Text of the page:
Some unresolved issues in philosophy and psychology: their implications for therapy.

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  • Author(s): Laungani, Pittu ()
  • Source:
    Counselling Psychology Quarterly. Mar2004, Vol. 17 Issue 1, p107-123. 17p.
  • Additional Information
    • Subject Terms:
    • Abstract:
      This paper is divided into two interrelated sections: the first section examines the scientific status of mainstream Western psychology. It will also consider the major arguments concerning the relationship of mainstream Western psychology to philosophy--in particular to metaphysics and the philosophy of science. It will be argued that psychology has turned away from its past philosophical heritage and has thus, short-changed itself by avoiding the very issues, which form an integral part of one's subjective and existential world and of the therapeutic process. The second section argues that, to a large measure the contemporary approaches to counselling and psychotherapy have moved away from the scientific ideologies, which guide research within mainstream Western psychology. Over the last 30 years or more, counselling and psychotherapy as 'disciplines' have proliferated into several sub-disciplines. This has made it difficult, if not impossible, to determine their pedigree and parentage. Although a great deal of ingenuity has gone into the construction of such new therapies, very little effort has gone into testing their validity. Unless serious attempts are made to bring about a rapprochement, it is likely to lead to a state of 'epistemological anarchy', or, anything goes. [ABSTRACT FROM AUTHOR]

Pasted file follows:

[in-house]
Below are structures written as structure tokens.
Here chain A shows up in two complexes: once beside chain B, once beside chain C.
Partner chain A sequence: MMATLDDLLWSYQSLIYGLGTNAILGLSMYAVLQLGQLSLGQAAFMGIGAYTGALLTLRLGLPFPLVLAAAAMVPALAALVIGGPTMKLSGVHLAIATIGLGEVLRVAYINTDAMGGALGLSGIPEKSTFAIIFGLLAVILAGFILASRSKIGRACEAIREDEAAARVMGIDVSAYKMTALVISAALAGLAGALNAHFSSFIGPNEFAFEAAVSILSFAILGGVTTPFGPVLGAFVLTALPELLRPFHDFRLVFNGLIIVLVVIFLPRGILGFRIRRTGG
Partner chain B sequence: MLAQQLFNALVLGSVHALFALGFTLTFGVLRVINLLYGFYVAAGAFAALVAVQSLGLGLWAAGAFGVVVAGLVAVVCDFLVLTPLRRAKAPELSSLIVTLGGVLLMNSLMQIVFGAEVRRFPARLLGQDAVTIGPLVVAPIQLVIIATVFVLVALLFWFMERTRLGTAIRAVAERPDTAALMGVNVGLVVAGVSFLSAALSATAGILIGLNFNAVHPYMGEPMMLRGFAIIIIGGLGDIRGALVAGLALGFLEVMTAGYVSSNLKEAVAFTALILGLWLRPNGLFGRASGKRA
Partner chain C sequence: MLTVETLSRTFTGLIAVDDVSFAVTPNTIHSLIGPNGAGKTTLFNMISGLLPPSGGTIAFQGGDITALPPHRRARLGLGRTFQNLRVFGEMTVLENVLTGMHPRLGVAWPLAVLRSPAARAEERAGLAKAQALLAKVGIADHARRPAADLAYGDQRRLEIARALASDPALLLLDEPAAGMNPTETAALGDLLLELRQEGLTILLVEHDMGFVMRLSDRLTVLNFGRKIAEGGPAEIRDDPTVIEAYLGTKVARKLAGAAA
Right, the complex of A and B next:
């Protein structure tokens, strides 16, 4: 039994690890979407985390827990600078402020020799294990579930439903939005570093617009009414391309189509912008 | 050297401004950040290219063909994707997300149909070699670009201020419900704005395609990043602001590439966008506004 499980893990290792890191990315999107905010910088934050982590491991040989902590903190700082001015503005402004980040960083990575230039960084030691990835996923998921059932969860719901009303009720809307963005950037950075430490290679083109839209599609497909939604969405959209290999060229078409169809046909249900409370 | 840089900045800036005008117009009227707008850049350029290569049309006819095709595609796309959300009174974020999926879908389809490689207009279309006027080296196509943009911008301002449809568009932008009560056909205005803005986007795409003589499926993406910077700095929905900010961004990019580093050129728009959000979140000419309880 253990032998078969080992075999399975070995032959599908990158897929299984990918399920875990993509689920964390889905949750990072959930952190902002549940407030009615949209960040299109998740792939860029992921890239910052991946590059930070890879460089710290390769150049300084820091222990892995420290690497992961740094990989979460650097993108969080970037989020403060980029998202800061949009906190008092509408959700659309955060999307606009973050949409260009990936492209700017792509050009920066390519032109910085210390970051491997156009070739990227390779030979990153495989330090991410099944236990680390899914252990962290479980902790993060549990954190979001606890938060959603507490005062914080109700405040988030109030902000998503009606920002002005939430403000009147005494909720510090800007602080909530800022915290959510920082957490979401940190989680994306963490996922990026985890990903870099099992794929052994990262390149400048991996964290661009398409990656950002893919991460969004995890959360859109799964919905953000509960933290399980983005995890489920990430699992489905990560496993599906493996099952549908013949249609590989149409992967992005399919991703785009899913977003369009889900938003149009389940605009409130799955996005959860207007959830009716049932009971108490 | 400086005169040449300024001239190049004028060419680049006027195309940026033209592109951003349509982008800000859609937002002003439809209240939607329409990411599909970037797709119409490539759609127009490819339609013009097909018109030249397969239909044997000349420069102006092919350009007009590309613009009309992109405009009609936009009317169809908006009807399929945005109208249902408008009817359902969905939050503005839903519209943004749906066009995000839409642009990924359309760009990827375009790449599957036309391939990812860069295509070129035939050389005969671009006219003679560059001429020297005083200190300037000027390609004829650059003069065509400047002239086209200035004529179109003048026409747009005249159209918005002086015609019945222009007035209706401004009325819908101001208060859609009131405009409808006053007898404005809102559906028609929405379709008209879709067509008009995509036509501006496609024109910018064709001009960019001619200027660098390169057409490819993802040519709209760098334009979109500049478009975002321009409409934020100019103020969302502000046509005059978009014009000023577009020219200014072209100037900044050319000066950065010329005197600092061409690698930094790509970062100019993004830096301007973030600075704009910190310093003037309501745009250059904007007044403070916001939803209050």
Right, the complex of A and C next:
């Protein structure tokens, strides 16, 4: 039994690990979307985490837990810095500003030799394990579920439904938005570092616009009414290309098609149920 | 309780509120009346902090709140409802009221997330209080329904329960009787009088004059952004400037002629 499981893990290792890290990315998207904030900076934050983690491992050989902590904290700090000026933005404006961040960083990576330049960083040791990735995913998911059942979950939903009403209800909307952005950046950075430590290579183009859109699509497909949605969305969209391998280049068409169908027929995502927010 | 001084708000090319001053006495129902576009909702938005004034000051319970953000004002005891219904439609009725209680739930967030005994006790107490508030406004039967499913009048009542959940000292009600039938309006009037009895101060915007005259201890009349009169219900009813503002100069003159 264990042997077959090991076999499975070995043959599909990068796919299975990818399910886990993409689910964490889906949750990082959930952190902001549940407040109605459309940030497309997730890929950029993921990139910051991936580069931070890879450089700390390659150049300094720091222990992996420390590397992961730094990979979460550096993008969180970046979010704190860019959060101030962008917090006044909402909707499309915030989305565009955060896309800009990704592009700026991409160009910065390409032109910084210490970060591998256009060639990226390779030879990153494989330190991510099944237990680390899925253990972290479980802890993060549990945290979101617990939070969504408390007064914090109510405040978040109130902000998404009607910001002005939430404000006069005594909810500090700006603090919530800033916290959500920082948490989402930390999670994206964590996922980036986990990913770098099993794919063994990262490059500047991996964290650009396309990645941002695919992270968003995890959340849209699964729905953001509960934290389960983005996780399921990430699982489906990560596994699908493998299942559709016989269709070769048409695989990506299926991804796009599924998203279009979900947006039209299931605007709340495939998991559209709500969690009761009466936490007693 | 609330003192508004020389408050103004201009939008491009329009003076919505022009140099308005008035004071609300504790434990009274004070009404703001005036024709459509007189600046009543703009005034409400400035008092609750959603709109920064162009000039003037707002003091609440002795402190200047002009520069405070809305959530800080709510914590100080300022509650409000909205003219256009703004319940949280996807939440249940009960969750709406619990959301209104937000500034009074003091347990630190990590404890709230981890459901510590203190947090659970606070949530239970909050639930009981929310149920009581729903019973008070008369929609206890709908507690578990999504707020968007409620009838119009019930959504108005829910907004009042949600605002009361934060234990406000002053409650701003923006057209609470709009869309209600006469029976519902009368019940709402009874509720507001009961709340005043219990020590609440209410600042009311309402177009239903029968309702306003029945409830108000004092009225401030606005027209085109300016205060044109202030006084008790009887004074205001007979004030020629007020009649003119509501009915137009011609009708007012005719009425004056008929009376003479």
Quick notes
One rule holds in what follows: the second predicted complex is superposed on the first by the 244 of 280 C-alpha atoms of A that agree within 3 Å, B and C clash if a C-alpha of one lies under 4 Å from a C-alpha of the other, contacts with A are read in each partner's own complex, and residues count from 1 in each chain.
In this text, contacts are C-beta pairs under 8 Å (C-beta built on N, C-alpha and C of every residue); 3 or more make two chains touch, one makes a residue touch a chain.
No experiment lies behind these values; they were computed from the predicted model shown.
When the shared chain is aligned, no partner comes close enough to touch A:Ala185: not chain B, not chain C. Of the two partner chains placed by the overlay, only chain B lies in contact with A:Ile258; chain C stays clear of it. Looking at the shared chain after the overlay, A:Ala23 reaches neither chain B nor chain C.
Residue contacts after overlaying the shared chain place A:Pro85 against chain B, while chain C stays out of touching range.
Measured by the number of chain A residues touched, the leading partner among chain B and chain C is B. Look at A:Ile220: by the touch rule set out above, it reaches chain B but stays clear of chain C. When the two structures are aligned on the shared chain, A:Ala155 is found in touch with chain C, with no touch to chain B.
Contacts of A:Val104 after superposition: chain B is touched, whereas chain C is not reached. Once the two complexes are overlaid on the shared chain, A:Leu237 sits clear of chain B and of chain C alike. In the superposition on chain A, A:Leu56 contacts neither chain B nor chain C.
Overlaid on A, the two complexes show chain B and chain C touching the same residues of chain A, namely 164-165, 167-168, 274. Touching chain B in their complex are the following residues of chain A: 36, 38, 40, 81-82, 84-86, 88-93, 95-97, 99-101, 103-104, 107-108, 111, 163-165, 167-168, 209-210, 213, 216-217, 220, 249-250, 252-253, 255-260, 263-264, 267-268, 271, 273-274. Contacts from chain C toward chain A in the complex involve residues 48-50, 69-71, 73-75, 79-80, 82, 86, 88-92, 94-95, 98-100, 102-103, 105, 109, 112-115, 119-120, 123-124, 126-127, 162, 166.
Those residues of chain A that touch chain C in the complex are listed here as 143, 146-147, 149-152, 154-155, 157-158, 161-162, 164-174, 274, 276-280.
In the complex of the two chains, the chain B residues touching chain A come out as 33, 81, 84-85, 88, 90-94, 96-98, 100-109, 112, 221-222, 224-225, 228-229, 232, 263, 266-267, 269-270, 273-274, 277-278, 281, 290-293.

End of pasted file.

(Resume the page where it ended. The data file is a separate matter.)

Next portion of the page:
• Abstract:
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